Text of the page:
Thursday, February 28, 2019

John Gallagher Gag Cartoons 1951 - 1970

INTRO: John Gallagher gets a great write up about his life and his cartooning career by Dick Buchanan. Dick did a lot of research into this, and I'm grateful that the Gallagher family was happy to help. The rest of this is written by Dick, who will show and tell you the story of the amazing cartoonist John Gallagher:


Occasionally the Cartoon Clip File spotlights an important cartoonist from the Golden Age of Gag Cartooning. This time we take a look at the work of cartoonist John Gallagher, one of the most prolific and funniest gag cartoonists of the era—or any era, for that matter. Our thanks go to John Gallagher’s son, Michael and his nephew, Peter Gallagher for providing a huge amount of biographical material

(Gag cartoons 1951-1970)

John Gallagher was born in Englewood, New Jersey in 1926. He received the National Cartoonist Society’s Gag Cartoonist Award for 1957 and 1971. His brother George Gately created the comic strips Hapless Harry and the incomparable Heathcliff.

Gallagher’s father, renowned for his sense of humor, was a longshoreman who had always wished to be a cartoonist. He and his wife encouraged John’s and George’s artwork. John Gallagher began drawing Mickey Mouse and Popeye at the age of three. After John and George became professional cartoonists, their father clipped hundreds of cartoons from magazines and glued them in spiral bound notebooks for their reference. He also took over the bookkeeping aspects of his sons’ cartooning activities.

During World War II, Gallagher served as a Navy Signalman. After the war he attended Syracuse University School of Art on the G.I. Bill. It was there he met cartoonist Brad (Marmaduke) Anderson, who became his lifelong friend. Anderson showed him how to put together cartoons for submission to magazines. After two years, John transferred to Pratt Institute, majoring in Illustration.

In 1951, his senior year at Pratt, John Gallagher sold his first cartoon to The Saturday Evening Post—submitted by mail. He married Dorothy “Dot” Lotter and moved to New York City where he became a staff artist for the Howell-Rojin Agency, which helped pioneer TV “green screen” technology still used today by TV news weathermen. At this time, he began submitting cartoons on a regular basis. When his freelance career began to take off, he and Dot moved to Bergenfield, New Jersey.

For the next 20 years, Gallagher enjoyed an immensely successful gag cartoon freelancing career. He was one of the greatest “Big Foot” style cartoonists and a superlative gagman. Readers and editors alike found his cartoons to be just plain funny. They appeared in magazines such as The Saturday Evening Post, Collier’s, Look, American Legion, Sport, Military Life, True, Golf, Argosy, Parade, Saga and Boys’ Life. In the late 1960’s he penned “The Cartoon Bug,” an advice column for aspiring cartoonists which was later syndicated to newspapers in the United States and Canada.

In the 1960’s, Gallagher attempted to crack the syndicated comic strip market with projects which never sold but nonetheless remain memorable to many in the industry. One was Joe Bucket, a tiny robot who lived with the wacky scientist who accidently created him, a stereotypical hobo, a dog and his flea, etc. (the ‘joe bucket” was Navy slang a ship’s coffee pot) When cartoonist Johnny Hart was making the rounds attempting to sell his comic strip B.C., one editor was discussing with him how he needed to make it better. As Hart was asking for guidance, the editor opened his drawer and pulled out Gallagher’s Joe Bucket strip and said “Take a look at this. This is funny.” Johnny Hart was already a huge Gallagher fan. He corresponded with Gallagher in the 1980’s asking about “the little robot strip.”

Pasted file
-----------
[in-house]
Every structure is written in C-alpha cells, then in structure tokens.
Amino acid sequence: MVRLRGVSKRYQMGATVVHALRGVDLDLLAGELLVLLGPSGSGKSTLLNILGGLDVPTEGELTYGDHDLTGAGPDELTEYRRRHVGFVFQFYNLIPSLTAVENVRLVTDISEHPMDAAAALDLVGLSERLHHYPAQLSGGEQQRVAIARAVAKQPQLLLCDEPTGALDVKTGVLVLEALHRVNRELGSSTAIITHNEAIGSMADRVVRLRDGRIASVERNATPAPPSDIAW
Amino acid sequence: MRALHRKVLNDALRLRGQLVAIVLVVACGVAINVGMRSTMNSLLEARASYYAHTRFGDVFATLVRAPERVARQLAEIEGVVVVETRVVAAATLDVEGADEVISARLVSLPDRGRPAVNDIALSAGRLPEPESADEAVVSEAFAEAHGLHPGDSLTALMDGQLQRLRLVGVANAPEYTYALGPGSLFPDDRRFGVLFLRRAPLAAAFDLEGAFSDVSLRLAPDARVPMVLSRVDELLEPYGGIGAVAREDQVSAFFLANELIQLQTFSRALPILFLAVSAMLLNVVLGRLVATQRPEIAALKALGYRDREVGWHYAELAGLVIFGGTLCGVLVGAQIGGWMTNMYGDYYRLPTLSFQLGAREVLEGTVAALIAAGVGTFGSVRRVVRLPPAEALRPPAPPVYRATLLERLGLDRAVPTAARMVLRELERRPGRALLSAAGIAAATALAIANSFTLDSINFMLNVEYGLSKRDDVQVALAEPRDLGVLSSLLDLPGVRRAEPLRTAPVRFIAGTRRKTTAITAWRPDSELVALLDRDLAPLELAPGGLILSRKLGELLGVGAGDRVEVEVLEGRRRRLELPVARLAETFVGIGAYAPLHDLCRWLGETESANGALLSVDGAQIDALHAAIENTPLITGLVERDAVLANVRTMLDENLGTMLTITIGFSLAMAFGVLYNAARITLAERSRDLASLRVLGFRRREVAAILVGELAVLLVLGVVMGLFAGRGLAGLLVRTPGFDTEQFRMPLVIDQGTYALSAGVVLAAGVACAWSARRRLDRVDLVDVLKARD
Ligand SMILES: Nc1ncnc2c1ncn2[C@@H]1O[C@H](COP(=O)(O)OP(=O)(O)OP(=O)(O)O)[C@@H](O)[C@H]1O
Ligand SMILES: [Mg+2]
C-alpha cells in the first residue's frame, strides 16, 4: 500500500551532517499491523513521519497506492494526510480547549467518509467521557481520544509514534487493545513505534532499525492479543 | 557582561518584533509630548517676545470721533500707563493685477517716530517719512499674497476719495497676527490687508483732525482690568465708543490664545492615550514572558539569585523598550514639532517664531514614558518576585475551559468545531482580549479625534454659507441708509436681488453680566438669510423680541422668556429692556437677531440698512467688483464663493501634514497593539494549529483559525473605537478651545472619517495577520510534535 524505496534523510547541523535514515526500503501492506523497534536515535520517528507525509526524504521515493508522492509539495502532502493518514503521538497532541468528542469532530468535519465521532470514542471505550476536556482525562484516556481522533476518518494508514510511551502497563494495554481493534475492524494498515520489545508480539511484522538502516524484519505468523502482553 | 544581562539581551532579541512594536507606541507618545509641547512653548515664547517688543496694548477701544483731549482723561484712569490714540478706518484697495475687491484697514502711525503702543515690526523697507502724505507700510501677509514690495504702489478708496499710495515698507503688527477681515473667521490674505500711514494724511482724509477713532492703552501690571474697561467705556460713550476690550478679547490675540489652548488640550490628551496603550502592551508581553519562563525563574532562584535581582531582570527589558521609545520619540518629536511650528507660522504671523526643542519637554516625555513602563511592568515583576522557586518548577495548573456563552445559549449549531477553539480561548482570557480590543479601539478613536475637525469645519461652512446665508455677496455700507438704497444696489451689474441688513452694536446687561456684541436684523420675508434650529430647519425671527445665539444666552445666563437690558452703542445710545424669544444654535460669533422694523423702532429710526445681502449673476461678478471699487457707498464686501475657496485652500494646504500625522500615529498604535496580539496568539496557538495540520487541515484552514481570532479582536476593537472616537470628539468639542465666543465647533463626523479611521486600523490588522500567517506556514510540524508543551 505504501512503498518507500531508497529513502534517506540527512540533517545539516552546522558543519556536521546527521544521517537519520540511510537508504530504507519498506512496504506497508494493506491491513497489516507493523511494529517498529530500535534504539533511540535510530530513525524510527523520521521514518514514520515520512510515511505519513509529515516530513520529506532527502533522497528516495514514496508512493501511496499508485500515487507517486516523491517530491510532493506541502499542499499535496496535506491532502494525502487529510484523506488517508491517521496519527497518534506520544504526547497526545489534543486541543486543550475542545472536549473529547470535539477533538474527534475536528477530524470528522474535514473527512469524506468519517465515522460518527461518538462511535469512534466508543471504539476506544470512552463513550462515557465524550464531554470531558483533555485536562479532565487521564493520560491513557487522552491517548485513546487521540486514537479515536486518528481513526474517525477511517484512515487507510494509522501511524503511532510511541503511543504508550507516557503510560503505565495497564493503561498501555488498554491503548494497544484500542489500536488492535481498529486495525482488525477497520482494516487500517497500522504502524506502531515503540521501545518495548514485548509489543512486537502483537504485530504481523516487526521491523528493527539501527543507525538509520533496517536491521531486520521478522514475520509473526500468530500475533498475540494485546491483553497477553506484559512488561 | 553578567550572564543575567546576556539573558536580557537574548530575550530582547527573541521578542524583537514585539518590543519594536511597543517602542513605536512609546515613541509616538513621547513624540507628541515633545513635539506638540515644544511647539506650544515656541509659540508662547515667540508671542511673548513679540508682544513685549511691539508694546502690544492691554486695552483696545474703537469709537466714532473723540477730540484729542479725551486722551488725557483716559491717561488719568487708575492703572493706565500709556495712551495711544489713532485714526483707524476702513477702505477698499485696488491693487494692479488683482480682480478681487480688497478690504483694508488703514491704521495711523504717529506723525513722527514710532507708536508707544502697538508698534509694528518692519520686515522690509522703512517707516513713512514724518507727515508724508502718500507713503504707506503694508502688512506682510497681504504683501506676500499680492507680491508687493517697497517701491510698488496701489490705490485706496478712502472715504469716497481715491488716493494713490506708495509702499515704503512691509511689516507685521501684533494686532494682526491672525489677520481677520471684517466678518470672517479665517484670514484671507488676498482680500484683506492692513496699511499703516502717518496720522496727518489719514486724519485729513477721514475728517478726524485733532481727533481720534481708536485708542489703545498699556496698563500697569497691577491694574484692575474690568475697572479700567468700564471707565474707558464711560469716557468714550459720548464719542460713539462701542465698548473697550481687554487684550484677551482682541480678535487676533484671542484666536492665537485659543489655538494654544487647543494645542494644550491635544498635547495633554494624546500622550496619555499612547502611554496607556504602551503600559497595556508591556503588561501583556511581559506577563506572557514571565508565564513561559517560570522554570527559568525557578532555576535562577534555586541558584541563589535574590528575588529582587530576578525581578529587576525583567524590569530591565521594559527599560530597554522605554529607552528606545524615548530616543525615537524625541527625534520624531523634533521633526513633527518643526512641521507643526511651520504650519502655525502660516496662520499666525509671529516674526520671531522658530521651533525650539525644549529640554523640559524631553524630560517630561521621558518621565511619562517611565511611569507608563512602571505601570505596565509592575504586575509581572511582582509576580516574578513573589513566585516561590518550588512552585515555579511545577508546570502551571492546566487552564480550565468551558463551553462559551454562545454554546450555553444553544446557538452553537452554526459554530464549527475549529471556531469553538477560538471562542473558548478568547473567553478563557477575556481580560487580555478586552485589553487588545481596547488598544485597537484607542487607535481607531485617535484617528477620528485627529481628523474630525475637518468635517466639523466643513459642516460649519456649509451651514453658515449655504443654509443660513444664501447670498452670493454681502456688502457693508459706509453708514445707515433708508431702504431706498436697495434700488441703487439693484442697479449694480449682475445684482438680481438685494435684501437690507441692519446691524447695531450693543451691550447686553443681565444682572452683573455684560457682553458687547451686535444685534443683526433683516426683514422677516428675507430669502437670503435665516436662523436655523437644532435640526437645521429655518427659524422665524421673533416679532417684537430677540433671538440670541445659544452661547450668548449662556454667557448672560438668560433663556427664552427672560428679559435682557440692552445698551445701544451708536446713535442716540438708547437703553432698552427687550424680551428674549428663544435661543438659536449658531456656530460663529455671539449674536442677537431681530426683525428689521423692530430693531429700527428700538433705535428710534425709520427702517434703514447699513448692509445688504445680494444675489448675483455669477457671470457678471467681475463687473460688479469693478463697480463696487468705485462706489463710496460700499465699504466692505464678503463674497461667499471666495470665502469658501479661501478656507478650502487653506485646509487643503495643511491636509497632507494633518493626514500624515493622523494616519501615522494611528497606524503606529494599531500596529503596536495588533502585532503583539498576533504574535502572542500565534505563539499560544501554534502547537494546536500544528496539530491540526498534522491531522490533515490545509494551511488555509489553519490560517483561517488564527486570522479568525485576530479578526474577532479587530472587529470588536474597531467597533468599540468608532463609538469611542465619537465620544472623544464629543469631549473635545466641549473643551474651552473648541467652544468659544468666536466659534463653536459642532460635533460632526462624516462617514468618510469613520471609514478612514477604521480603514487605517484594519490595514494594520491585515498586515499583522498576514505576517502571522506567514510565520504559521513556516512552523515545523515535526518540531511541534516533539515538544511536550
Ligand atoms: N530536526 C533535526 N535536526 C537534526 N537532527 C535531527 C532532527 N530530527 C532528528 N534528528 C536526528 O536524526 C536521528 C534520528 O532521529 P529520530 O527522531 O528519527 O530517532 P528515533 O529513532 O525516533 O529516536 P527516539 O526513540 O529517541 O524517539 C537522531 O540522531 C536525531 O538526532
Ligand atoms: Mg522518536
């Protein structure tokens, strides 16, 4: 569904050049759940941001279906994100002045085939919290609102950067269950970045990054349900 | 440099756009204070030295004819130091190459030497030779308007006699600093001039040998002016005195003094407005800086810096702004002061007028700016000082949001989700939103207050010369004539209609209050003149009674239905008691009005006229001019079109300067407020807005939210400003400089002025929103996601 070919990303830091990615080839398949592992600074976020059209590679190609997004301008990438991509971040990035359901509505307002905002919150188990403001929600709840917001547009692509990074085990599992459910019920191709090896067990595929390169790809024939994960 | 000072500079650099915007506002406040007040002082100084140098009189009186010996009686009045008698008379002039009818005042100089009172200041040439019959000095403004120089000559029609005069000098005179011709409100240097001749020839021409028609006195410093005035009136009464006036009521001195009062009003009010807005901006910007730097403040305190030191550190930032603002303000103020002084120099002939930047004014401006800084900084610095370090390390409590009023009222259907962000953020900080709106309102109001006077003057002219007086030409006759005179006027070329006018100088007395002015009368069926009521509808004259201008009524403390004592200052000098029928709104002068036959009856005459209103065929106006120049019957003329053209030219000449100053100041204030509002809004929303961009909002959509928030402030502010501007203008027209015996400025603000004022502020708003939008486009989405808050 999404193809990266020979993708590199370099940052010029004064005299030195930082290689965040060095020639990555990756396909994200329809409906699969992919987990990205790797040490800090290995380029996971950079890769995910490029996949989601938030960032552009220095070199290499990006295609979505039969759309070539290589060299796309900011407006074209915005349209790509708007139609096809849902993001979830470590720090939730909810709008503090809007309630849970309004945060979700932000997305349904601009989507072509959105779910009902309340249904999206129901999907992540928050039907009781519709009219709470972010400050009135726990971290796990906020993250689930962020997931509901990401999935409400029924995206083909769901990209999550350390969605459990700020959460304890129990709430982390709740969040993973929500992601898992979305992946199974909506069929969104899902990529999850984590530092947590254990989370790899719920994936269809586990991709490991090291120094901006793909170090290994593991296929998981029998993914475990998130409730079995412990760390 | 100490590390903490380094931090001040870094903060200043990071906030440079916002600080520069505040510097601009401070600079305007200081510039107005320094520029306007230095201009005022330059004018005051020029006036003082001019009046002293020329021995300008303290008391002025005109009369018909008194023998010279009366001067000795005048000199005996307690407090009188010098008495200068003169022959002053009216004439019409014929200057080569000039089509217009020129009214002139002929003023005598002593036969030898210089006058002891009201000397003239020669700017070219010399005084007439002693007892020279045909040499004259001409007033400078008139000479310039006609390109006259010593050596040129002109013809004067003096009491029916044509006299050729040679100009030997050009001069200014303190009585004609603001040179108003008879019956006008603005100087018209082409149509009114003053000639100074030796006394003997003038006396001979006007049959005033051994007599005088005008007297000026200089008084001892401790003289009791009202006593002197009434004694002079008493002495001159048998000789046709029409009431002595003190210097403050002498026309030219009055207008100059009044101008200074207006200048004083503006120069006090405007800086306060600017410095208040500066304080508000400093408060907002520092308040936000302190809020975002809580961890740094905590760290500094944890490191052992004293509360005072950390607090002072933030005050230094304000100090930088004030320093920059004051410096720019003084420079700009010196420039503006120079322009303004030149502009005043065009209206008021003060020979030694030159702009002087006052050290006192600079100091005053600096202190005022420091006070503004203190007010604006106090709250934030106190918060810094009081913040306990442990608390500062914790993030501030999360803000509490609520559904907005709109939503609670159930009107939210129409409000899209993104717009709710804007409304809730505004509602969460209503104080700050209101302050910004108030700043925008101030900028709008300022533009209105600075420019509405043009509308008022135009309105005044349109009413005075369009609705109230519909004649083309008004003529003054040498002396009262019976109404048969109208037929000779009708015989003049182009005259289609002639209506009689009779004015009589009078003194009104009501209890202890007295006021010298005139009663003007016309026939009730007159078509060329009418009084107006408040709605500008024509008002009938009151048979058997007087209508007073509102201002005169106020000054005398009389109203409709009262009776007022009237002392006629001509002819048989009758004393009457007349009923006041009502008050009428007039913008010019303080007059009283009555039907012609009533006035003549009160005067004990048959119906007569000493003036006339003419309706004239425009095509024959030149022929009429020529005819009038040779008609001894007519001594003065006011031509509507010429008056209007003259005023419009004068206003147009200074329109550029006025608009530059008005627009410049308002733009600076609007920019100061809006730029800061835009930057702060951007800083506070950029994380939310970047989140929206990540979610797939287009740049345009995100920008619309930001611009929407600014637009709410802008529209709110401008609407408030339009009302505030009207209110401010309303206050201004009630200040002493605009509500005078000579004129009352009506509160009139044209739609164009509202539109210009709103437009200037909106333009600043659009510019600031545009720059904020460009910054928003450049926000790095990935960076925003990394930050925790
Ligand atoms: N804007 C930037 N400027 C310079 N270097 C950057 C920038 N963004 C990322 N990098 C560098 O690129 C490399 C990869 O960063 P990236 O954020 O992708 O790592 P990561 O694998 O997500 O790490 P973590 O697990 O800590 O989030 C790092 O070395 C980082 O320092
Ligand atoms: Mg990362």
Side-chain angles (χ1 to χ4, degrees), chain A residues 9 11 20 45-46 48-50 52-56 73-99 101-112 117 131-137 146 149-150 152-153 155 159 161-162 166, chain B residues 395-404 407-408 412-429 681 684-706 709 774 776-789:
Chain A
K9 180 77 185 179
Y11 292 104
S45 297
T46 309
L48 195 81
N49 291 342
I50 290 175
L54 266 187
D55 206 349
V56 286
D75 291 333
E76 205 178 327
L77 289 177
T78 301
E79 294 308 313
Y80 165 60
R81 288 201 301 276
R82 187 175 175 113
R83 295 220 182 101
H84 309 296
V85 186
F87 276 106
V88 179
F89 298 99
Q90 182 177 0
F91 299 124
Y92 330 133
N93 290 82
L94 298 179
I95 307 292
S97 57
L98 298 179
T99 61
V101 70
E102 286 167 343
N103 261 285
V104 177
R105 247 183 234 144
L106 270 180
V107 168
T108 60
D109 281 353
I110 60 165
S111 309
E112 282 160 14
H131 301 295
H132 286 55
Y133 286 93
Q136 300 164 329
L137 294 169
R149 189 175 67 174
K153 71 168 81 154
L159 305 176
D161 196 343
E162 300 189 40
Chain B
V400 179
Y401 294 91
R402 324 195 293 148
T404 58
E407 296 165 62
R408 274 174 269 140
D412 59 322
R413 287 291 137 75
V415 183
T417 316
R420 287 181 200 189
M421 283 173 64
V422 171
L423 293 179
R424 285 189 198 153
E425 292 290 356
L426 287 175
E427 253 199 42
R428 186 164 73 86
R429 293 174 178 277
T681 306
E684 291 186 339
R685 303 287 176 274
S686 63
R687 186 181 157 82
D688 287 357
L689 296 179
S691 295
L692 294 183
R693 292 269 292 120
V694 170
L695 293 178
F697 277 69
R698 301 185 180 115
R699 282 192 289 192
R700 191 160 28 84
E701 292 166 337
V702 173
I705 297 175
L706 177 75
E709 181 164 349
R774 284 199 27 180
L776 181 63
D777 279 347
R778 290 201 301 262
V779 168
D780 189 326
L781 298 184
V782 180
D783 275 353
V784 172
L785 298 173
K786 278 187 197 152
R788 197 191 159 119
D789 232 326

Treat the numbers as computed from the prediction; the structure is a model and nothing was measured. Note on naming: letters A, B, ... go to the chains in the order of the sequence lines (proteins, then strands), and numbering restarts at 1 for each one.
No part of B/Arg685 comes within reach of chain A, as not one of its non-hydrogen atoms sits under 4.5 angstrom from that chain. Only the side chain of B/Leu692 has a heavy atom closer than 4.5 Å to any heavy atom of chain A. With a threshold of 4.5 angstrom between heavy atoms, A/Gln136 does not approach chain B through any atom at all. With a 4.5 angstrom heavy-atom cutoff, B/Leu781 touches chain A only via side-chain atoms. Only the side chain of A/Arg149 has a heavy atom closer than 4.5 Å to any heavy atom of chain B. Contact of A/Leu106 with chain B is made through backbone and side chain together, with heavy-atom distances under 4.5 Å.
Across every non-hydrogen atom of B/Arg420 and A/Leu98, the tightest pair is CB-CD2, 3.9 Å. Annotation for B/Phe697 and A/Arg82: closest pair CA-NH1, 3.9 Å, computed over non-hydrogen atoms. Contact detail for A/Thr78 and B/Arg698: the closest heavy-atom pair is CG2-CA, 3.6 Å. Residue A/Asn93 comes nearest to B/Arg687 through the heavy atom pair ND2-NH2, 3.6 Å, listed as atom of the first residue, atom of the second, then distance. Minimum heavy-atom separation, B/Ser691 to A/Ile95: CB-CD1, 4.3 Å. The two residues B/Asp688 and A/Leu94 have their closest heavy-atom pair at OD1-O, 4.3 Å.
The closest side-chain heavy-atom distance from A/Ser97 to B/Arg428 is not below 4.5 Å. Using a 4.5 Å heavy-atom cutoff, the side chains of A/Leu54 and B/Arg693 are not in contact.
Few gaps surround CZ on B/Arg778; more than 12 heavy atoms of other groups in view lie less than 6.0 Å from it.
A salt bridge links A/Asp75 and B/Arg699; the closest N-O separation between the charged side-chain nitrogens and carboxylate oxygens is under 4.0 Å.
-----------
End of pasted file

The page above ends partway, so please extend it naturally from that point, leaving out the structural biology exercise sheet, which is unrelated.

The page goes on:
The magazine cartoon market began to dry up in the late 1960’s, prompting John to leave freelancing to become Art Director for American Kitchen Foods. He designed packaging and promotional material for their new frozen French fry products, including “Tasti Fries.” During this period, he also began a long association with fellow cartoonist Bob Weber, supplying gags for his syndicated comic strip, Moose.

When his brother, George Gately, launched his syndicated panel, Heathcliff (McNaught/Creator’s Syndicate) in 1973 John became Heathcliff’s primary gagwriter and layout penciler until shortly before his death in 2005. Today Heathcliff is drawn by their nephew, Peter Gallagher.

Here is a selection of gag cartoons by John Gallagher . . .

1. The Saturday Evening Post December 6, 1951.

2. Here! March, 1952.

3. Collier’s August, 1952.

4. Collier’s February 7, 1953.

5. American Legion Magazine June, 1954.

6. American Magazine April, 1954.

7. Collier’s January 21, 1955.

8. Sport Magazine May, 1955.

9. The Saturday Evening Post July 20, 1957.

10. American Legion Magazine August, 1958.

11. The Saturday Evening Post February 8, 1958.

12. Sport Magazine February, 1959.

13. American Legion Magazine November, 1960.

14. The Saturday Evening Post October 22, 1960.

15. True Magazine August, 1961.

16. The Saturday Evening Post October 6, 1962.

17. True Magazine March, 1962.

18. Boys’ Life July, 1965.

19. True Magazine January, 1967

20. True Magazine February, 1970.


top_cat_james said...

"Heathcliff" launched in 1973, not '71.

Mike Lynch said...

Thank you, Top Cat! It's been corrected.

docnad said...

This post is a valuable addition to cartoon scholarship. I can't think of anyone else who could do all this background research and put something so comprehensive together.

Scott G said...

I love his work, what an amazing artist. I recall a book of his that I misplaced that
had a priceless cartoon in a french restaurant. The waiters were bringing out a elephant on 4 carts and the wife was chastising her husband for trying to order in french. Hilarious. Never saw it again but remember it well. Great blog.